Dana Biomedical Library Acquisitions during September 2018

New Acquisitions > September 2018 > Dana Biomedical Library

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Regulation of signal transduction in human cell research
Nariyoshi Shinomiya, Hiroaki Kataoka, Qian Xie, editors
Singapore : Springer, [2018]
Dana QP517.C45 R448 2018

The poisoned city : Flint's water and the American urban tragedy
Clark, Anna author
New York : Metropolitan Books, Henry Holt and Company, 2018
Part I: Taught by thirst. The well ; Corrosion ; Revelations ; Saturation -- Part II: Divination. Alchemy ; Citizen/science ; Meditations in an emergency ; Blood -- Part III: Water's perfect memory. Switchback ; Legion ; Truth and reconciliation ; Genesis.

"When the people of Flint, Michigan, turned on their faucets in April 2014, the water pouring out was poisoned with lead and other toxins. Through a series of disastrous decisions, the state government had switched the city's water supply to a source that corroded Flint's aging lead pipes. Complaints about the foul-smelling water were dismissed: the residents of Flint, mostly poor and African American, were not seen as credible, even in matters of their own lives. It took eighteen months of activism by city residents and a band of dogged outsiders to force the state to admit that the water was poisonous. By that time, twelve people had died and Flint's children had suffered irreparable harm. The long battle for accountability and a humane response to this man-made disaster has only just begun. In the first full account of this American tragedy, The Poisoned City recounts the gripping story of Flint's poisoned water through the people who caused it, suffered from it, and exposed it. It is a chronicle of one town, but could also be about any American city, all made precarious by the neglect of infrastructure and the erosion of democratic decision making. Places like Flint are set up to fail--and for the people who live and work in them, the consequences can be fatal."--Dust jacket.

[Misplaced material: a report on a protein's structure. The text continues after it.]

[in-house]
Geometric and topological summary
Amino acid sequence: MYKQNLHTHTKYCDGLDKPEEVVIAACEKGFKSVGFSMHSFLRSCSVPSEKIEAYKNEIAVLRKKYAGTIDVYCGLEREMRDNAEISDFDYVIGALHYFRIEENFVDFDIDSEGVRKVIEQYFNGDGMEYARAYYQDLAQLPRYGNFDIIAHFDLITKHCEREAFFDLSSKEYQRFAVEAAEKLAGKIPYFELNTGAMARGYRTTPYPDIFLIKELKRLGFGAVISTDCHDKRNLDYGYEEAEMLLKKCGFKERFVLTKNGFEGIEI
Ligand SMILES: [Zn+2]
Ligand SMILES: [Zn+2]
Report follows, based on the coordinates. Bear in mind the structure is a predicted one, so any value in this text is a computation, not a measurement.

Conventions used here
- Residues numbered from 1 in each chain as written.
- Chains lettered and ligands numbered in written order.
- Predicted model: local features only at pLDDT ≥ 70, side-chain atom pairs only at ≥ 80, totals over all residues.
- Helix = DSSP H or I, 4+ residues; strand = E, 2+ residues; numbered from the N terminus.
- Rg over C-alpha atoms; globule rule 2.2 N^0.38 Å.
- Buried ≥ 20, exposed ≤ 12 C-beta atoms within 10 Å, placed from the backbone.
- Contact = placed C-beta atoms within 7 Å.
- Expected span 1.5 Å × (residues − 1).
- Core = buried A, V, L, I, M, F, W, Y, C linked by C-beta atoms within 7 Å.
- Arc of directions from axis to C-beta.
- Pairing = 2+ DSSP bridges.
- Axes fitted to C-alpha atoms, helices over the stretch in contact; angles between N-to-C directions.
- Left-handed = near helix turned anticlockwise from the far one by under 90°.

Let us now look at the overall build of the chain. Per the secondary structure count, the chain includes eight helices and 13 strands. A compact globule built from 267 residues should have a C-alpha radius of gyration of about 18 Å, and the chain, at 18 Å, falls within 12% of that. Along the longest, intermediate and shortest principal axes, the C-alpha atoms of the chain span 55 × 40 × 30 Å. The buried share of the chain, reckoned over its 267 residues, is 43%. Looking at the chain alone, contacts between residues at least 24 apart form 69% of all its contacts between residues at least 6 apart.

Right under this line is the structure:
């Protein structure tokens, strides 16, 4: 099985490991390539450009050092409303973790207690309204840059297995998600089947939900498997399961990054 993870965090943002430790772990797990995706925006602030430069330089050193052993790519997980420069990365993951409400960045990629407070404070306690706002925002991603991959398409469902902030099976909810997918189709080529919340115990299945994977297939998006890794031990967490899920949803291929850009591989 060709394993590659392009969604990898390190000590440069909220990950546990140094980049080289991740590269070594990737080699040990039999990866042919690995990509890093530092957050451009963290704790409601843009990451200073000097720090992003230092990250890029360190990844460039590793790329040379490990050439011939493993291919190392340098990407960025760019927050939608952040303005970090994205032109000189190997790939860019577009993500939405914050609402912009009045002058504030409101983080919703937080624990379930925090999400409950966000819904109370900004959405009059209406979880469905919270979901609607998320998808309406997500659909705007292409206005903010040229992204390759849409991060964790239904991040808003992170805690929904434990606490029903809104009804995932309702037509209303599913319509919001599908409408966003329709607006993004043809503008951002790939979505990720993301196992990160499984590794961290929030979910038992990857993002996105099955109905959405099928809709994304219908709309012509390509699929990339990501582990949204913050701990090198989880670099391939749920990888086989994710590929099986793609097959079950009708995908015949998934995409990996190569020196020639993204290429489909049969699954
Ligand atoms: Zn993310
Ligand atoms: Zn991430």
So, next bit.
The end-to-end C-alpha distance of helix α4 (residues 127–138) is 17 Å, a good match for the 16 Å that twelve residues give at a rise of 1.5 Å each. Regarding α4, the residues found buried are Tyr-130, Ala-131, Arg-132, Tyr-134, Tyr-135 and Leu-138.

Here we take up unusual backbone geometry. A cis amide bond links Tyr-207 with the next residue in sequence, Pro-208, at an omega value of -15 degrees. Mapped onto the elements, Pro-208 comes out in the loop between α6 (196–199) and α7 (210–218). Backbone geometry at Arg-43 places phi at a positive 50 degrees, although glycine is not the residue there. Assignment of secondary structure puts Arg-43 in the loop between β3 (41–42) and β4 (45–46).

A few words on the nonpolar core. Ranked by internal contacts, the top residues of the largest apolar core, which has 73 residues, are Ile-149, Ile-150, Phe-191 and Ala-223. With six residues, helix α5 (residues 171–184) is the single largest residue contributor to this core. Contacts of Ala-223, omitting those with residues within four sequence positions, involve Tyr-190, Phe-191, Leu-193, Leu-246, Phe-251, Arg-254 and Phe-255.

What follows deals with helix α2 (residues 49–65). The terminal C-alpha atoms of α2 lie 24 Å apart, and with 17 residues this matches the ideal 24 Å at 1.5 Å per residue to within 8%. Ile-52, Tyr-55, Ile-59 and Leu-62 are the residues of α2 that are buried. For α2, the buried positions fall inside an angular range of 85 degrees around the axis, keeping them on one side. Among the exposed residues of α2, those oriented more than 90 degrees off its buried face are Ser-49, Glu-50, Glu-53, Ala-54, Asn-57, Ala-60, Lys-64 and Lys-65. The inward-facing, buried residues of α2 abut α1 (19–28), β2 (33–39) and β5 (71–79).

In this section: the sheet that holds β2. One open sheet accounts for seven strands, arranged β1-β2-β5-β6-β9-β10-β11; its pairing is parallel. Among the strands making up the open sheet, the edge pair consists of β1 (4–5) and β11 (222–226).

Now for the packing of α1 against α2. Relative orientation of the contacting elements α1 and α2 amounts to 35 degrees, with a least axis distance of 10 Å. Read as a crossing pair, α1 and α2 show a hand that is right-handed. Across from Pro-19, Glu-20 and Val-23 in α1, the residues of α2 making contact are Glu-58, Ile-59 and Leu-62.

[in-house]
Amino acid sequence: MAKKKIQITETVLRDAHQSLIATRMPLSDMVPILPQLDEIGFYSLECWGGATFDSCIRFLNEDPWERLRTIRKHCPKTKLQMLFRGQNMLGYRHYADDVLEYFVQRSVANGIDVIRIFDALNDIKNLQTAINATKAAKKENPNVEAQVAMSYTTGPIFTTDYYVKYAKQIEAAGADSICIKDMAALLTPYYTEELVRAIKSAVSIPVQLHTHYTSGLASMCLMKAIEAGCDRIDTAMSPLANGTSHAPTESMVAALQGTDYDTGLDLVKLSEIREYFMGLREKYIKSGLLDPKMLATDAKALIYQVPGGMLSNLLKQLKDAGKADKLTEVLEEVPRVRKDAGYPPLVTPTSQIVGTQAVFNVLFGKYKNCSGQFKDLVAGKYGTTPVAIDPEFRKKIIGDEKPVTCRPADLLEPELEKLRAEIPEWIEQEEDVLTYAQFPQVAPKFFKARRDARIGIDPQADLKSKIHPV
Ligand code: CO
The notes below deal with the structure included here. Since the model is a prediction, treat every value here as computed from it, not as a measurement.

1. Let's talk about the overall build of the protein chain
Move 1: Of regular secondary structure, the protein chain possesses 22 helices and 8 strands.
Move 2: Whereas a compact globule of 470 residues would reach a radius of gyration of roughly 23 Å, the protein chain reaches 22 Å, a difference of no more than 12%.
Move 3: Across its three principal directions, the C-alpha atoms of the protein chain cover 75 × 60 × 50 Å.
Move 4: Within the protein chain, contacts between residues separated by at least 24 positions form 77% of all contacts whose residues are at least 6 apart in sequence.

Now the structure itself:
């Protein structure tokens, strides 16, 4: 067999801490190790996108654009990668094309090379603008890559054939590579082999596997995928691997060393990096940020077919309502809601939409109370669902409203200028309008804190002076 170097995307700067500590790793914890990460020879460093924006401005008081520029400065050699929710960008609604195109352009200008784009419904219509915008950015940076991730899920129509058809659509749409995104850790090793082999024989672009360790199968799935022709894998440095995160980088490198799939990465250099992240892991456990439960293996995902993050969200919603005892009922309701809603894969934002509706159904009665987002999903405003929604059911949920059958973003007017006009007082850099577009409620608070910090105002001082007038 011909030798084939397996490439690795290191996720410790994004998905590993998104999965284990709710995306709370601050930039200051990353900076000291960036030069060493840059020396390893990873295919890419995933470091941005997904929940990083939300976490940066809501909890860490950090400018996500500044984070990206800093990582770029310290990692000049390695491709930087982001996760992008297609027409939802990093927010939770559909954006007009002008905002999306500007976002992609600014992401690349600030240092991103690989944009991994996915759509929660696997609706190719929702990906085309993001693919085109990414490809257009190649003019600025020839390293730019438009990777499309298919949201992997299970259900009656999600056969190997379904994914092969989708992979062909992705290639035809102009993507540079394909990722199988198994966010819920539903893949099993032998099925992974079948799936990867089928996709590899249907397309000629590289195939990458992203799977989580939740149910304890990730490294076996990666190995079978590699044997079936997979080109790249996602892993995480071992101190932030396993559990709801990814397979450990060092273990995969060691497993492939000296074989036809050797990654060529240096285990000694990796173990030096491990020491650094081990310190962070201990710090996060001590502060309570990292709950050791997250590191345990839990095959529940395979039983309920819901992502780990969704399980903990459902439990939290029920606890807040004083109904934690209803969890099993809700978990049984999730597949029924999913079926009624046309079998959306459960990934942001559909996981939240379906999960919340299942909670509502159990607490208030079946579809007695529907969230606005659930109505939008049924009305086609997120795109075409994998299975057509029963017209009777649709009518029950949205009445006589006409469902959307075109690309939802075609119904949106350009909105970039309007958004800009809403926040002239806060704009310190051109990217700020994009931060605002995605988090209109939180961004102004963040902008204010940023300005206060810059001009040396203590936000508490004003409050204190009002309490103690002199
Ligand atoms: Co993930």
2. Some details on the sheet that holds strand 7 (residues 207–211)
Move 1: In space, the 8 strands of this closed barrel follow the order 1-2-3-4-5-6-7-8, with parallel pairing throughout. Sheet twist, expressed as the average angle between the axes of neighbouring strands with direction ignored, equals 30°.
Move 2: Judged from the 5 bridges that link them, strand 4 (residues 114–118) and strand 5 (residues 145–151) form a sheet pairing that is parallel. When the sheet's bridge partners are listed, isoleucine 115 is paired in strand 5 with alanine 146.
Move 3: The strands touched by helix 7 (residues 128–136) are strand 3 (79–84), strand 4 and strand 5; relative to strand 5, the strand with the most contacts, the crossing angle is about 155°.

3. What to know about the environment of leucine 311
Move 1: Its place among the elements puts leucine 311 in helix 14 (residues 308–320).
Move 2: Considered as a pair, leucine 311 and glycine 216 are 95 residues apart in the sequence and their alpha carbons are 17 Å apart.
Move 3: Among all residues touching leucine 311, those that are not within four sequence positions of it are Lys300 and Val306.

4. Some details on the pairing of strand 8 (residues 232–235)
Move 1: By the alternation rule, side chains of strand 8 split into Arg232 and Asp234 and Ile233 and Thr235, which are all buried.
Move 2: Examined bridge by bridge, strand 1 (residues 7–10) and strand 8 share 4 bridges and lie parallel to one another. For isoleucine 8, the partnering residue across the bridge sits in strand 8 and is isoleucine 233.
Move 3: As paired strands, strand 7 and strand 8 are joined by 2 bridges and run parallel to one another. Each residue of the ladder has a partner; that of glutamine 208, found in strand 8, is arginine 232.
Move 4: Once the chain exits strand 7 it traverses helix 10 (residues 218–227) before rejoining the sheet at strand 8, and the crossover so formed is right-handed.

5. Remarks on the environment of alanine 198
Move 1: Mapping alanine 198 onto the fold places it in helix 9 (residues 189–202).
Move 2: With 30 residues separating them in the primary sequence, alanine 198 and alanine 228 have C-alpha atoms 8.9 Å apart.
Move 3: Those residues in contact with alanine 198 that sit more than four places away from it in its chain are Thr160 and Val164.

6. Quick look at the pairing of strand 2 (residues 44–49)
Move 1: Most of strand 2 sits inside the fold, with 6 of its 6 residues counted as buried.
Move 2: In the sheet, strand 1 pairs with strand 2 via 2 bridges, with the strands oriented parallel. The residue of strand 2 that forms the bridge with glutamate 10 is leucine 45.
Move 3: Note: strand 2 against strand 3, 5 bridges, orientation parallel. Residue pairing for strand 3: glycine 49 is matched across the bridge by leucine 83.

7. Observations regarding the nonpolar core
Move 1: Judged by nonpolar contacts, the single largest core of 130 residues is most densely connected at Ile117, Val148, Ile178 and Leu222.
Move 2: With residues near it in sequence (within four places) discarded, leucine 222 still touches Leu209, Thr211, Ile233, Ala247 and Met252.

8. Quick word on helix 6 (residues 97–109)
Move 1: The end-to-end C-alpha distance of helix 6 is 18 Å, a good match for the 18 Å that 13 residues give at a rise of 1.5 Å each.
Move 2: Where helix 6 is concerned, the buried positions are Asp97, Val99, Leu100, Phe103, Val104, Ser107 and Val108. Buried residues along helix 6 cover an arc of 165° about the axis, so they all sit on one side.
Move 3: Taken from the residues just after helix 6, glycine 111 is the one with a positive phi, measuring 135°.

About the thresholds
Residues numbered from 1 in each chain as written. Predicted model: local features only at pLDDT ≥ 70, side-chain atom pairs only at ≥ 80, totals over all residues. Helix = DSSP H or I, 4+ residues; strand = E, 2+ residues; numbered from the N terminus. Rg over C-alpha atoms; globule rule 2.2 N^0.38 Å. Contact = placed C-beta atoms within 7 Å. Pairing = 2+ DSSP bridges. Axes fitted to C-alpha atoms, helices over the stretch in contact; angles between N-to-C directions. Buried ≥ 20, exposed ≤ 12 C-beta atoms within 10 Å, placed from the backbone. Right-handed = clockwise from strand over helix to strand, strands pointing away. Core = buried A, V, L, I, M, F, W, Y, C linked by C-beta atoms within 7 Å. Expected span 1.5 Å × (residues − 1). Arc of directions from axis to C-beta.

Dana RA591 .C53 2018

What the eyes don't see : a story of crisis, resistance, and hope in an American city
Hanna-Attisha, Mona, author
New York : One World, an imprint of Random House, [2018]
How I got my name -- What the eyes don't see -- The barbecue -- The valedictorian -- Haji -- Red flags -- First encounter -- Miasma -- No response -- Sit down -- Jenny + the data -- Public health enemy #1 -- What field are you on? -- The man in the panda tie -- Environmental injustice -- Poisoned by policy -- Shortwave radio crackling -- Meeting the Mayor -- Aeb -- The press conference -- Splice and dice -- Numbers war -- Demonstration of proof -- All the things we found out later -- Fire ant -- Truth and reconciliation -- Prescription for hope -- Haji and the birds.

Flint was already a troubled city in 2014 when the state of Michigan shifted the source of its water supply from Lake Huron to the Flint River. Citizens began complaining about the water that flowed from their taps, but officials insisted that the water was fine. Hanna-Attisha, a pediatrician at the city's public hospital, took state officials at their word. Then leaked documents from an environmental inspector, and the activism of a concerned mother, raised red flags about lead. This is the story of how a team of researchers, parents, friends, and community leaders proved that Flint's kids were exposed to lead-- and fought the government and a brutal backlash to expose that truth to the world. -- adapted from dust jacket
Dana RA1231.L4 H34 2018